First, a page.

Gentle restorative poses are ideal for relieving PMS. Why not try Cat pose to tone and relax the spine and abdomen, Child pose to calm the nervous system and soothe the back, Corpse pose to release stress and heal? There are lots of different poses that can support you at this time, we cover these in depth in my Well Woman Cycle Awareness course, or can explore options specific to your own unique needs together in a private session.
When working one to one with my clients, a technique I find very effective for alleviating PMS cramps and bringing warmth and support to the womb is blanket work or using a faja wrap. Get in touch if you would like more info on this.
In Ayurveda, PMS is thought to be an imbalance of apana vayu, the force that regulates menstruation, childbirth, urination and your bowel movements. Varied imbalances can be alleviated by the food we eat, looking at your own dosha and foods to support can be helpful. For example If you suffer from mood swings – vata imbalances – avoiding cold and raw foods and trying warming soups, rice dishes and cooked vegetables can be helpful.
A plant-based Mediterranean-style diet is often ideal if PMS is an issue. Leafy greens such as kale or broccoli and good quality fats such as olive oil, avocados, coconut oil and hemp oil in your daily diet will help counteract hormonal imbalances – high fibre vegetables will help reduce high levels of oestrogen in particular and legumes such as peas can support the synthesis of deficient hormones. And a combination of high quality protein and fat at each meal will help prevent fluctuations in your blood sugar levels. You should also consider taking a high quality fish oil supplement and including fish, such as salmon, on the menu once or twice a week.
Studies have shown that women with PMS often consume high levels of sugar, caffeine, dairy products, salt and refined carbohydrates, so avoid dietary sugar and salt, white flour and caffeinated products such as coffee, black tea and carbonated drinks. But you’ll be pleased to know that dark chocolate (62% cocoa or greater) is the one caffeinated product that’s the exception to the rule – it can help improve your mood and relieve depression, so enjoy in moderation.
Often, the symptoms of PMS are caused by a dominance of oestrogen so it’s very important to be aware of the effects of xenoestrogens, synthetic oestrogens found in a wide range of everyday items, in causing hormonal imbalances and exacerbating the elevated oestrogen levels that contribute to PMS, so worsening the symptoms. I will share more on xenoestrogens and ways we can minimise our exposure to them in a future blog.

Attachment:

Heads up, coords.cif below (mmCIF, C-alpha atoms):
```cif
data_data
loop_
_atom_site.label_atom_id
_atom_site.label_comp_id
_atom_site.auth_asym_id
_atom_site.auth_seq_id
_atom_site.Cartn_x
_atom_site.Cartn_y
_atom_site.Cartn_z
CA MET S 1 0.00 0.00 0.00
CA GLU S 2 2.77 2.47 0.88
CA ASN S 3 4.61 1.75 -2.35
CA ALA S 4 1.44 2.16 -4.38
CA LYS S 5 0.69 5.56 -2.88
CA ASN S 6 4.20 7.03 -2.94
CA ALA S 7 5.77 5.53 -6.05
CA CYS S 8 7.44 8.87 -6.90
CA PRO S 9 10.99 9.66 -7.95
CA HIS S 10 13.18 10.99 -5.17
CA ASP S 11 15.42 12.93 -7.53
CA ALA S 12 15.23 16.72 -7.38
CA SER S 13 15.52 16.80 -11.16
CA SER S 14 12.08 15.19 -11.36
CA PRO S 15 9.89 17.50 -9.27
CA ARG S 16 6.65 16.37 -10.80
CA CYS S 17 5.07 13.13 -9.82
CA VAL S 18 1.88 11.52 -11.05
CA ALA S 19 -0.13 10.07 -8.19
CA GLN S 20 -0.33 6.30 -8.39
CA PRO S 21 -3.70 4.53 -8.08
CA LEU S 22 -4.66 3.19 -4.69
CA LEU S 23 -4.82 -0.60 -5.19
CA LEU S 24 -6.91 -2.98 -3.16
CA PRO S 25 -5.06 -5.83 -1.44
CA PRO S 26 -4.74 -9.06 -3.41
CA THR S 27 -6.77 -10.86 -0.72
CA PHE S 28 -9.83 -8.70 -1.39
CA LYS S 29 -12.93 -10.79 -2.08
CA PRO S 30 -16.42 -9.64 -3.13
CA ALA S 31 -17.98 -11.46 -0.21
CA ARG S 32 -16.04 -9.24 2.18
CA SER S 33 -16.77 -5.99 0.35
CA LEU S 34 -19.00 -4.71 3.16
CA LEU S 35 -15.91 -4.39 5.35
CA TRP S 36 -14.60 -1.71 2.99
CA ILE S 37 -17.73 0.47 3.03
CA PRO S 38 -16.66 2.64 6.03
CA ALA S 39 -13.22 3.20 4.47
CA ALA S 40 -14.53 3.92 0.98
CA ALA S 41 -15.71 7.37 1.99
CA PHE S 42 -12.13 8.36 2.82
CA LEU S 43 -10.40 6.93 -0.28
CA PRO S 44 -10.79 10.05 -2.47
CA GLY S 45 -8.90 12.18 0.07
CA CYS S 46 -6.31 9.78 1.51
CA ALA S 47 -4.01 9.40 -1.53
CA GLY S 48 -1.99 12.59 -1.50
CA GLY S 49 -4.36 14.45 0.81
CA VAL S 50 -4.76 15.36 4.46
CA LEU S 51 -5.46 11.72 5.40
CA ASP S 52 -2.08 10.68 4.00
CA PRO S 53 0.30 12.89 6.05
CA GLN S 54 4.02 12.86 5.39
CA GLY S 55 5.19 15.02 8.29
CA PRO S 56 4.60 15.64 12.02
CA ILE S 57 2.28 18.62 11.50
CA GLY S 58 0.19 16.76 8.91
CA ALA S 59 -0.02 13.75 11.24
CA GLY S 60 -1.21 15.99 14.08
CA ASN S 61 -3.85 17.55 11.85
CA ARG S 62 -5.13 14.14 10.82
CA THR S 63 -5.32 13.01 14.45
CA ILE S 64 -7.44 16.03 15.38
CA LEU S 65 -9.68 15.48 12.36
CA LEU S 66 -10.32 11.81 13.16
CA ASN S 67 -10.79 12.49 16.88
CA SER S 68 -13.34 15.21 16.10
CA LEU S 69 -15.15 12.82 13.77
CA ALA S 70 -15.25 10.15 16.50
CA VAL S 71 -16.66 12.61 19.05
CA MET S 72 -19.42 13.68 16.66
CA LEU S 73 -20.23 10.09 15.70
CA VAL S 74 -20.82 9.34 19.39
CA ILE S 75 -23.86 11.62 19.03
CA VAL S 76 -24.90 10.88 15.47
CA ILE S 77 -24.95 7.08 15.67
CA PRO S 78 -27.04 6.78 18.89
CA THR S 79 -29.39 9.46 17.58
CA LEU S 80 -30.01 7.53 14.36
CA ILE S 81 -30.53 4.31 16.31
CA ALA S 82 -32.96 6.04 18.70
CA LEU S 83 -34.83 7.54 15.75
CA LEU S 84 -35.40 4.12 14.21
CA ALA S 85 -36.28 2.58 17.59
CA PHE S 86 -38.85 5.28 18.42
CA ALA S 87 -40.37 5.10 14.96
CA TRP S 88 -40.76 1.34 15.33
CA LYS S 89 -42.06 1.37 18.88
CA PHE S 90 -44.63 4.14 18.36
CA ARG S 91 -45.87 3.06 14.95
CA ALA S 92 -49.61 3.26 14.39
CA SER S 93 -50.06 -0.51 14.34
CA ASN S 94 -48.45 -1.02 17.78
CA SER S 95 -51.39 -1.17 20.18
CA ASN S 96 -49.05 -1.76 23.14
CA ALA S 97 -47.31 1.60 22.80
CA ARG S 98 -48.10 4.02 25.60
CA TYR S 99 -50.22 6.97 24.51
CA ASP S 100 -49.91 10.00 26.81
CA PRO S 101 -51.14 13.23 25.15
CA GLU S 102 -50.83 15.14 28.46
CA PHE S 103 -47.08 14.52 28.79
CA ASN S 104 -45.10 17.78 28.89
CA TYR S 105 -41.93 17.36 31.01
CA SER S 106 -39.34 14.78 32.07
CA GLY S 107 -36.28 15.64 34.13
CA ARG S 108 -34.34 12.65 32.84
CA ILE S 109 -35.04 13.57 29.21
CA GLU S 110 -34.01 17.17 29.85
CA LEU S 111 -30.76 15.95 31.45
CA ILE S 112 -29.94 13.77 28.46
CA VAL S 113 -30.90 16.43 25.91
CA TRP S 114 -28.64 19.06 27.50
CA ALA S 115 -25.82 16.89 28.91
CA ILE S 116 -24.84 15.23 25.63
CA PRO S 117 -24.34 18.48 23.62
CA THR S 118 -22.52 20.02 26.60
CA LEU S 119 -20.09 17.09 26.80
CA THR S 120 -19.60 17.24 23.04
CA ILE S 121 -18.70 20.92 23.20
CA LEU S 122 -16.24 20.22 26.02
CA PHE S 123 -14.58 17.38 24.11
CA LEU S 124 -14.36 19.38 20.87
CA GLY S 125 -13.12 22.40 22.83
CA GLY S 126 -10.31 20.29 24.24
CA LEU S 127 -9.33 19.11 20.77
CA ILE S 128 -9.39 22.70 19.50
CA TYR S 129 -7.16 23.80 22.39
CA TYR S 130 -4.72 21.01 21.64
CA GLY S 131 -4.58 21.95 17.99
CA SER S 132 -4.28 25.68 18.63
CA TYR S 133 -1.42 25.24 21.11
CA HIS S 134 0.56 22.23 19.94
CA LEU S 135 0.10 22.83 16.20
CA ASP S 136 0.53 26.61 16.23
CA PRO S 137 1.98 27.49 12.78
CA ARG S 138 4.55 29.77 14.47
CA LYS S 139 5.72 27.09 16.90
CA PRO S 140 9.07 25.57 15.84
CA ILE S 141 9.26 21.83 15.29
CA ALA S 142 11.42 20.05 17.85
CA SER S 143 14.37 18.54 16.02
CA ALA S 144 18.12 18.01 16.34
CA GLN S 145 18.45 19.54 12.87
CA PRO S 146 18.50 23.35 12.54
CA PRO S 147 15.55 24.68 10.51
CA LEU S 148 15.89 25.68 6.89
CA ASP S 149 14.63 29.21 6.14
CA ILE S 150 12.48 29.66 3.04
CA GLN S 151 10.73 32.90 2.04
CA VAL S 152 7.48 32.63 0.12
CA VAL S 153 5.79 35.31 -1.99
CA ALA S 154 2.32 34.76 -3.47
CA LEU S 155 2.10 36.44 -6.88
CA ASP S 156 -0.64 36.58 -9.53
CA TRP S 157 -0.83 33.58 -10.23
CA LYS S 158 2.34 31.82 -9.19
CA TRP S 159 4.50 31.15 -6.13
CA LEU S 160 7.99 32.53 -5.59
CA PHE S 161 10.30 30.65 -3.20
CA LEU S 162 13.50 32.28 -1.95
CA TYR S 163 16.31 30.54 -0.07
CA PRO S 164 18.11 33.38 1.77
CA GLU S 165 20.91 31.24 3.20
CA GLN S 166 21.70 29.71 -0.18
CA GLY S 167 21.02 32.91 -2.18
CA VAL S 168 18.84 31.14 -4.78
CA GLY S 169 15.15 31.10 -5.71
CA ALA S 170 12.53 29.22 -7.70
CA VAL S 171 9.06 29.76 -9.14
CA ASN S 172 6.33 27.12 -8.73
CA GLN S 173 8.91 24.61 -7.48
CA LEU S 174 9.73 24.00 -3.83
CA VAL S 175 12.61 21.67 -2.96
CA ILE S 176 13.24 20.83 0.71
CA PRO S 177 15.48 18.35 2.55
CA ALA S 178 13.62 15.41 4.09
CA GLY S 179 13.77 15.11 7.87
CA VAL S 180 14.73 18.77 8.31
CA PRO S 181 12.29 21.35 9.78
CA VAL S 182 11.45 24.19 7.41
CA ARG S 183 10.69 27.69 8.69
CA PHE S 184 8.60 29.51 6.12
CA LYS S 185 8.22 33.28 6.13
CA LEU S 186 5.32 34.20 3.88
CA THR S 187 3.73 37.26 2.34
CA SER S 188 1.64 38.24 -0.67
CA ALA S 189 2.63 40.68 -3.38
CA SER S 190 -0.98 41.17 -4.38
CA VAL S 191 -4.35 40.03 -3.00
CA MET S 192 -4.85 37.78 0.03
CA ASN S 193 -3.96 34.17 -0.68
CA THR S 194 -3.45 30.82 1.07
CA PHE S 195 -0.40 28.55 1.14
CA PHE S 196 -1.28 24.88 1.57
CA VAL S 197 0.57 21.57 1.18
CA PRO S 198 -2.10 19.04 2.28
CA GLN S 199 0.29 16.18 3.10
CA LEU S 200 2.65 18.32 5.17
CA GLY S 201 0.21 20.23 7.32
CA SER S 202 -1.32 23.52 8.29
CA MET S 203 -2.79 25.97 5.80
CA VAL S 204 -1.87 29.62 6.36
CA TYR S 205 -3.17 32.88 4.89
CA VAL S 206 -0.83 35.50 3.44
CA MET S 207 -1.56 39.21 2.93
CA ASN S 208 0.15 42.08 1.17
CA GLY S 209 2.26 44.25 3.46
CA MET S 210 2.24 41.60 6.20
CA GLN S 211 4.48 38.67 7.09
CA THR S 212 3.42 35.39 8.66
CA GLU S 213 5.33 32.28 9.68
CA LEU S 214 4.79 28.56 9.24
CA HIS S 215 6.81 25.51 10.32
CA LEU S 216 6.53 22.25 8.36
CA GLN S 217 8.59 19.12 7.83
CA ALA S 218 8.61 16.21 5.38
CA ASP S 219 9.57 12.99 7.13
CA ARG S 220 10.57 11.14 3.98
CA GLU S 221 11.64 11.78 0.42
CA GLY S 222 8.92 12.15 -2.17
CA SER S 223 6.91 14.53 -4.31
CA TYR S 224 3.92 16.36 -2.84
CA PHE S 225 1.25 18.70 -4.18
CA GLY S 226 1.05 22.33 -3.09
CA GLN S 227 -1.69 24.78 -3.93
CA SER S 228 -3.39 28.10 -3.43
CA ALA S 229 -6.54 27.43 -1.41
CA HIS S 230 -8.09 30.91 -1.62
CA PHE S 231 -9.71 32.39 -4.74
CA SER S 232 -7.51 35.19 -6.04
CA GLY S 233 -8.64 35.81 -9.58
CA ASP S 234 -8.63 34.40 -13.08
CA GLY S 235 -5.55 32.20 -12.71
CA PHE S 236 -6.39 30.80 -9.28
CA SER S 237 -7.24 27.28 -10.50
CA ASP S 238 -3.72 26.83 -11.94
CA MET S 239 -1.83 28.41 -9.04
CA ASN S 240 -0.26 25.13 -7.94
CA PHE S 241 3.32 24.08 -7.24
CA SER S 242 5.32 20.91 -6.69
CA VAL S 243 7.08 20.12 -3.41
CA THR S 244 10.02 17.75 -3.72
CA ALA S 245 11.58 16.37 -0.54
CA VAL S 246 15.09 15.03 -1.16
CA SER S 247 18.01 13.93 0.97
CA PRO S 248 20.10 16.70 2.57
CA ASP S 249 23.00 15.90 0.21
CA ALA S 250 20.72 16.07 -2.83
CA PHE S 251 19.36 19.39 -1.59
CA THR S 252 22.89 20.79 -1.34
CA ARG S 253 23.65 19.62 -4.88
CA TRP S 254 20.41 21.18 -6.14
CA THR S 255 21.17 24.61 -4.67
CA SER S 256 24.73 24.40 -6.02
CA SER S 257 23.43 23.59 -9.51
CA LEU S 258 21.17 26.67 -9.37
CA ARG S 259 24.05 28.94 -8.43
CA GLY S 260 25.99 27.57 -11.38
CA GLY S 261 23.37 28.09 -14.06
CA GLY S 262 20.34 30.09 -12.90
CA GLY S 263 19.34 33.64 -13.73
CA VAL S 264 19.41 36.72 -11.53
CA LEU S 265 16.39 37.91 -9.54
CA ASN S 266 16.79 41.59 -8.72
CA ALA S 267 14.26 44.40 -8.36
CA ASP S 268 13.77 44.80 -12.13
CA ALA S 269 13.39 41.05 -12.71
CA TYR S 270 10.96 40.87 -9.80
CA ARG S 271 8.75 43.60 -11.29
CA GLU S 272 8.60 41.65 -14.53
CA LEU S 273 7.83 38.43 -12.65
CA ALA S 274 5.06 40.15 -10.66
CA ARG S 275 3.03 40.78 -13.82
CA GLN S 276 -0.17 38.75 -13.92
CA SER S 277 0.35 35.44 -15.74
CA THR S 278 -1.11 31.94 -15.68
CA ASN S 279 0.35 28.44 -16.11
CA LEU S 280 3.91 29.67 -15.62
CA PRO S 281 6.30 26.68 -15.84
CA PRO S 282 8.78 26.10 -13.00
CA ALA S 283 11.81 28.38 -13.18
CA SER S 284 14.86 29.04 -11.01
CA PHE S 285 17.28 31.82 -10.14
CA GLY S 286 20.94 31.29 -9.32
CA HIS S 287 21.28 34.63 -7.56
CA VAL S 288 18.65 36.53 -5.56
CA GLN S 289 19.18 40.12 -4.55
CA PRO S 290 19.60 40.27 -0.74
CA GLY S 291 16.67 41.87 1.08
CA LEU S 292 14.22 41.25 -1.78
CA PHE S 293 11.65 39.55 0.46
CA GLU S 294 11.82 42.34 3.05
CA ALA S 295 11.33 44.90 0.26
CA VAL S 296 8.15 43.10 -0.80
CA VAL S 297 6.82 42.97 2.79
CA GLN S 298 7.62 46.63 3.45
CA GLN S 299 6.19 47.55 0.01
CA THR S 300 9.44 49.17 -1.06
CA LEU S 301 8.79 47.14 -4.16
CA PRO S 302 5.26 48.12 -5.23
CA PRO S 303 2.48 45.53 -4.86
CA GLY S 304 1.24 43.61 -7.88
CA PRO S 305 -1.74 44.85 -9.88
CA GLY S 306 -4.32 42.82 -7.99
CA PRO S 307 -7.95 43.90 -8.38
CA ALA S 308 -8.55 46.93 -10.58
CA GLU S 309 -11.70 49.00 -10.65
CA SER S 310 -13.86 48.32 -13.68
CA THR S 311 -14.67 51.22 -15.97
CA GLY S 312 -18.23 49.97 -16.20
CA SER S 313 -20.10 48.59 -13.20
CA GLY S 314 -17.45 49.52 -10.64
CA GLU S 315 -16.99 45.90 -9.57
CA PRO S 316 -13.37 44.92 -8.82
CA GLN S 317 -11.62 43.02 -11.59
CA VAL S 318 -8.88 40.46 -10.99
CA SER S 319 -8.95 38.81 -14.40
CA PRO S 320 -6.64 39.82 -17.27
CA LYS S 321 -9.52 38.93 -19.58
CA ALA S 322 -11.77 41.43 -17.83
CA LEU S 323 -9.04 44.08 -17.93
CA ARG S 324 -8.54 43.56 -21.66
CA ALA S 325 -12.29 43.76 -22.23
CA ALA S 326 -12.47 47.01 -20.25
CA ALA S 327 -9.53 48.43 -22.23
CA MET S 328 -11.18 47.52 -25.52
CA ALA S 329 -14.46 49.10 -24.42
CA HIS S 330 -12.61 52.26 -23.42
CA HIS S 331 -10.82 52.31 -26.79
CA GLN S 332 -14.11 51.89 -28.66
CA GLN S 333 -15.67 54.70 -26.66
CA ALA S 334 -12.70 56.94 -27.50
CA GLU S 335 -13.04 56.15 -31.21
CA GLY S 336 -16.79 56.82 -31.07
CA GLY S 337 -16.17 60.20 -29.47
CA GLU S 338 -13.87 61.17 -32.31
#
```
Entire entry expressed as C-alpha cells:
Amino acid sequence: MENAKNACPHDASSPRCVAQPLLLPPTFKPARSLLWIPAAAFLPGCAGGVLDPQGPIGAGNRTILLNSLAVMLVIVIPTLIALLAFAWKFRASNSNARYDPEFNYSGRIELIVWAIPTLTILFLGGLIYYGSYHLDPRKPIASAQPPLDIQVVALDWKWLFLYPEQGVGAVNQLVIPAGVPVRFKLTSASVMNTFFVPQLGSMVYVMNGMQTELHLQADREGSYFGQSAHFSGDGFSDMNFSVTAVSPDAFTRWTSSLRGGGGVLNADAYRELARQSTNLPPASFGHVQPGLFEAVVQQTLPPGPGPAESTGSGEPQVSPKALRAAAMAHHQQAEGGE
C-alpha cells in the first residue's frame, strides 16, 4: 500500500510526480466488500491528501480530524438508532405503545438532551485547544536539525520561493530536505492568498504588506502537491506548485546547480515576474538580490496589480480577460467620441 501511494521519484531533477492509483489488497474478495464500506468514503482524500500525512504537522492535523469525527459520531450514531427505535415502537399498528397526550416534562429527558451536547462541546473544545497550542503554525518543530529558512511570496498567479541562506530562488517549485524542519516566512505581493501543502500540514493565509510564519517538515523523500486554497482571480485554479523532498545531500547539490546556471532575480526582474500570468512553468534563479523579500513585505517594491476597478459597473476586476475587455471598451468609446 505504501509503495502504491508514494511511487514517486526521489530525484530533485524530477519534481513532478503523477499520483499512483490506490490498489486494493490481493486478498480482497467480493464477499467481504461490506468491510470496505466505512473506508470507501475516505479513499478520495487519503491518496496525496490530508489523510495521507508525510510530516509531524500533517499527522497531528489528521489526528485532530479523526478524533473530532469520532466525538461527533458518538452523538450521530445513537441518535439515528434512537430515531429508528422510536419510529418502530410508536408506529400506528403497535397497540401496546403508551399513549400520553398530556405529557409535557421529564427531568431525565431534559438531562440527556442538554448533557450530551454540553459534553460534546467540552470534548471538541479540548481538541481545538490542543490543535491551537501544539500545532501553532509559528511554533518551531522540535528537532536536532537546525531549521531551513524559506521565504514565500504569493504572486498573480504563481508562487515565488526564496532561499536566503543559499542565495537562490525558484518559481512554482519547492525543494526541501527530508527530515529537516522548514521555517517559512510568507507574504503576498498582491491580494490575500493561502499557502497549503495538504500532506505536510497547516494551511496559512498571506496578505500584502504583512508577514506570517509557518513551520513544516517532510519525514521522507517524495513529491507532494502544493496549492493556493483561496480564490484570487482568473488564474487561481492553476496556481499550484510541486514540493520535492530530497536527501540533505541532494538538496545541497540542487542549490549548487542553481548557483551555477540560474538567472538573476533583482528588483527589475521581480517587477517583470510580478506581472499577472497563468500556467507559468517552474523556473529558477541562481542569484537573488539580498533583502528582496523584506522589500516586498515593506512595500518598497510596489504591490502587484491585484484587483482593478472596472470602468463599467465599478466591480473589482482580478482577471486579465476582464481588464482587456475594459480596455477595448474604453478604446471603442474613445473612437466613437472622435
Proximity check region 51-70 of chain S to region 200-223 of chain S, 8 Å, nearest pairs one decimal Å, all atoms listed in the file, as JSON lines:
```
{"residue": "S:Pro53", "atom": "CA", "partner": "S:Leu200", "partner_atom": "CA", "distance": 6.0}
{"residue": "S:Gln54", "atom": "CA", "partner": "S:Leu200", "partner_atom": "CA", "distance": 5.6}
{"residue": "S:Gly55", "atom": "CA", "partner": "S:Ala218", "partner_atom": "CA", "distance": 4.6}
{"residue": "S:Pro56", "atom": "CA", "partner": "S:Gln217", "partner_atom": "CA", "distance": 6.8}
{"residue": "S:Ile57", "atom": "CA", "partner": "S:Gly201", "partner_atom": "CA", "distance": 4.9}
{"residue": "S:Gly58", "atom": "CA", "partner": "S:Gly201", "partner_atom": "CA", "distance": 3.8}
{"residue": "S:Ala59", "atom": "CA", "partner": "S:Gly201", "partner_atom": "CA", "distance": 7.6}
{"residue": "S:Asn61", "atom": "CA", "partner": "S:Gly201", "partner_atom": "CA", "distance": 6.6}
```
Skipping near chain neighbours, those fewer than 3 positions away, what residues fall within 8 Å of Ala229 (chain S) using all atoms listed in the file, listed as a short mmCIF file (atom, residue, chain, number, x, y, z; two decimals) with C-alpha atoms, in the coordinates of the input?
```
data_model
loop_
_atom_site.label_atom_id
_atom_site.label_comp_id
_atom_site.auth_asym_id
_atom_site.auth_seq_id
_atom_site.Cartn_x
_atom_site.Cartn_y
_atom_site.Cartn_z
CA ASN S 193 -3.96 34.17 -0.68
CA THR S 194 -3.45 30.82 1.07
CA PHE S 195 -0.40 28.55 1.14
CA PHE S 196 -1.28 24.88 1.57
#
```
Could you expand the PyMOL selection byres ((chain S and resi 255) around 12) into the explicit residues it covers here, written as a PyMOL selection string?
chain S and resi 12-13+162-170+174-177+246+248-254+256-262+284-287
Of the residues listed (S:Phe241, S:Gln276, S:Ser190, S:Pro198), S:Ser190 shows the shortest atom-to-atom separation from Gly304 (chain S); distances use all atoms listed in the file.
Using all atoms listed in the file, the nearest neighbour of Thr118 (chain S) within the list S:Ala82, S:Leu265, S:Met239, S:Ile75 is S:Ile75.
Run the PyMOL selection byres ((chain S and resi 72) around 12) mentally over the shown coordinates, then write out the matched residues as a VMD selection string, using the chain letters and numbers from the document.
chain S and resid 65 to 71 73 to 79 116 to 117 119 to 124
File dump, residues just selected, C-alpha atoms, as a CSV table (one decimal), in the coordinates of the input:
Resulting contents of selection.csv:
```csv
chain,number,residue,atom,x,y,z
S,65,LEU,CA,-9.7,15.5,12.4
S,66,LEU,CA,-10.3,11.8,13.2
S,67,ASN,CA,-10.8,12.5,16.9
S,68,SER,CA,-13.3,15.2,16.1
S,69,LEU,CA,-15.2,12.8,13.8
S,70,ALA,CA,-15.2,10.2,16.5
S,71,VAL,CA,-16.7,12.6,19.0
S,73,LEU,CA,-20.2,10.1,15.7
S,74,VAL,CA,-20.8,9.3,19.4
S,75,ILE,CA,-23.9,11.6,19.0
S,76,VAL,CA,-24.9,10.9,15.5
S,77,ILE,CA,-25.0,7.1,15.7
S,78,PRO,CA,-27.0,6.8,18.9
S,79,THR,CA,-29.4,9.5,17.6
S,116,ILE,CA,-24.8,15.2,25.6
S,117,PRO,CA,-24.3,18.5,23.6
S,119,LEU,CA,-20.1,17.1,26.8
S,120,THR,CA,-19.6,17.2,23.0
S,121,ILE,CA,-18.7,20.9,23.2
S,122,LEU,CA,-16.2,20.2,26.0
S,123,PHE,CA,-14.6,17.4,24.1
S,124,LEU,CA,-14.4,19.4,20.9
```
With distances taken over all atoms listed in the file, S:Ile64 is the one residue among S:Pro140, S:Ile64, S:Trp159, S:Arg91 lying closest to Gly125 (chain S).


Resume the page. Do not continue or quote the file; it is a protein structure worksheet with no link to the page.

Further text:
And finally, it’s great to see that working with the natural cycles of the body is becoming recognised in wider society. Bex Baxter, Director of Bristol-based company Coexist has introduced company policies to synchronise work with the body’s natural cycles and takes a refreshing view:
“If you work with your natural rhythms, your creativity and intelligence is more fulfilled. And that’s got to be good for business. There is a misconception that taking time off makes a business unproductive – actually it is about synchronising work with the natural cycles of the body. For women, one of these is their menstrual cycles.”
If you suffer from PMS and would like support in embracing your menstrual cycle and alleviating your symptoms, please get in touch. I specialise in working with women one to one and enjoy being part of their journey of reconnection and self-discovery. I support women to find more balance and harmony in their lives by deepening their inner connection to their own body’s needs, helping them cope pre-conception, with fertility issues, prenatally, postnatally or during times of transition, grief or loss and helping alleviate the symptoms of menstruation, perimenopause or menopause.